Understood. Um, What are some other red flags that mid-market CFO offices should be looking out for while they’re monitoring their customers with late payments?

Bill Eveleth:
Well, again, the red flags I look for, CFOs tend to run businesses by the numbers, so we’re, we’re looking for numbers in these types of things. So the Day’s Receivables Outstanding is the biggest indicator that you’re specifically having an issue, but you can do other things too. You can go into Experian or Equifax or even D&B, and you can set up a, uh, credit search. You can put your customers in there with their using their EIMs or around the world, whatever their uh, their number is associated with their business, and you can get a, uh, you know, a credit warning that you can, you can uh, receive from them if there’s a, if they spot an issue with a customer or with one of your customers. So I recommend doing that too, especially with customers that you’re kind of wondering about, right? So, so setting up pre-existing warning through, you know, one of those credit agencies or D&B or someone like that, I think it’s a great idea. And then also just making sure your accounts receivable department is on top of things and that when there’s an issue, they’re bringing it to your attention and that you’re handling it quickly and efficiently.

Madhurima Gupta:
So just a while back, you did mention about, uh, customers who are existing and what’s the best way to manage credit risk for them. Uh, what I want to understand is, what, according to you, is the right timeframe to look at credit limits and creditworthiness for such customers who’ve been with you for a very long time? Because in our experience, generally, uh, customers are very, very on top of, uh, the processes for onboarding their customers right? or their buyers. But when it comes to relooking at the long-time customers, the credit check, that doesn’t really happen, right? So what is the right timeframe, according to you?

Bill Eveleth:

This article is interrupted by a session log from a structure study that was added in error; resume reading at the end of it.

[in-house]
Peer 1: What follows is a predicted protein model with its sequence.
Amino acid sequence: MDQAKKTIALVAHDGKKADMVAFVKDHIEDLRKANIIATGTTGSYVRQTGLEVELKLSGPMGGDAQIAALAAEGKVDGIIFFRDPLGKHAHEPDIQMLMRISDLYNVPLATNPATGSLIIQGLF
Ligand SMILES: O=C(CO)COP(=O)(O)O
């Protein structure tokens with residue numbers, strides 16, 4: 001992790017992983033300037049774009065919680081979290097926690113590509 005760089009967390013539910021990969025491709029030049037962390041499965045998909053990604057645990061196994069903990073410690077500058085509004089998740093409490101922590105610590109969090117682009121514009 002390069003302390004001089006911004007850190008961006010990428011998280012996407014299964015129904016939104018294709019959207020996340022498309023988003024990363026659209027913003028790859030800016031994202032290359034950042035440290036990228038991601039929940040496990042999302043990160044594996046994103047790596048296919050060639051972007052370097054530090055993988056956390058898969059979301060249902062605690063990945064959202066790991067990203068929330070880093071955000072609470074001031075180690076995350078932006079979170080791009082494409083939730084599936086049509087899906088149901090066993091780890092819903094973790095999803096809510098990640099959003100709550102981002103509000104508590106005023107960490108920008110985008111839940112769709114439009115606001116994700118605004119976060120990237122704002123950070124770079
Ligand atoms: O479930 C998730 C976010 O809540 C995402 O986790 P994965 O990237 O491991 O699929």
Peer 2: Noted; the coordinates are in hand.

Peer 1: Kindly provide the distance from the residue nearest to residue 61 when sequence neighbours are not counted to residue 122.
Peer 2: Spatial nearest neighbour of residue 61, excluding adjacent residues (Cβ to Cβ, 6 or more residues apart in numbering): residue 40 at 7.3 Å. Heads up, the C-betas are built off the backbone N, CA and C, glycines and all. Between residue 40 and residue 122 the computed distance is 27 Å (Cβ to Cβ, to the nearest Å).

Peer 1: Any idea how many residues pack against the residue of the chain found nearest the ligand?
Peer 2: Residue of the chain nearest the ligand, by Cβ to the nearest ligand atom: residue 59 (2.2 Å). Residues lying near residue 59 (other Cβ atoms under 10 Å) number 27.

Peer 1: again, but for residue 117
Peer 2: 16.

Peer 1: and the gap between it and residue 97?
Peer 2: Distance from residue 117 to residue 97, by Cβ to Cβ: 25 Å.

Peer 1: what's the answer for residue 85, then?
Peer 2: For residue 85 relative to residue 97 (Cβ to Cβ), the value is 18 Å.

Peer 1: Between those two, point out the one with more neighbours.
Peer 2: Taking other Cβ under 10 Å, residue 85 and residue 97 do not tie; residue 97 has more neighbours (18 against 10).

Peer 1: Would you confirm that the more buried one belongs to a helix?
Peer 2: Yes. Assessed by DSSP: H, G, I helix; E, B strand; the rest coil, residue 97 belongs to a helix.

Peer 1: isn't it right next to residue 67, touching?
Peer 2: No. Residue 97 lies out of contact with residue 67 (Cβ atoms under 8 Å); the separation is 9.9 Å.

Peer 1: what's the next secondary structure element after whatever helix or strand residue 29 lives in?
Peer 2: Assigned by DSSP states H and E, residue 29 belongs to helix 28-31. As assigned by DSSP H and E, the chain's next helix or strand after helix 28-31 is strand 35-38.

Well, according to your sales organization, it’s never. So we don’t let, we don’t let, we don’t let them drive the ship there. But, um, I would say annually wouldn’t be too often. Um, certainly, if you’re seeing an issue like I mentioned with my customer in the northeastern part of the United States, having in retail even by annually twice a year wouldn’t be too frequently to take a look at it. Again, the main issue that I’m running into is aging of receivables. Um, at what point do you start to cut them off? That’s, that’s a business decision, and I don’t think there’s a simple answer to that. But from a CFO perspective, get that information. Look at the things that we talked about earlier, which is, you know, are they showing credit risk in other areas? There’s a lot of publicly available information on virtually all companies where you can, uh, can see whether they’re running into issues. If you’re starting to see that, then you’ve got to tighten their credit and you know, don’t, don’t wait until they’re sitting out there with, you know, a half a month of your business’s revenue on accounts receivable and hope for the best. And it’s, it’s probably too late. Um, but, uh, again, I think annually doing a review of, of your major customers is a good idea. And, um, the question is, are you going to do anything about it? And that’s what I see for the most part, is the CFO has a certain amount of sway that, uh, that they can use in the organization to make decisions. But a lot of times that decision is made jointly between sales, marketing and the executive branch CEO as to how much credit you’re going to give a customer. And, uh, so the CFO has an opinion, but some of the other organizations and the CFO does not often win, certainly doesn’t always win, but doesn’t often win that argument with the uh, with the CEO in terms of how much credit they should be giving their customers. But that doesn’t mean we shouldn’t try and we shouldn’t keep an eye. But again, the, the main thing to look at is your receivable days outstanding, and uh, they started getting up towards 90, you know? Unless it’s with the U.S. government or something like that, they can traditionally be slow payers, but um, you know, don’t, uh, don’t let them go too far.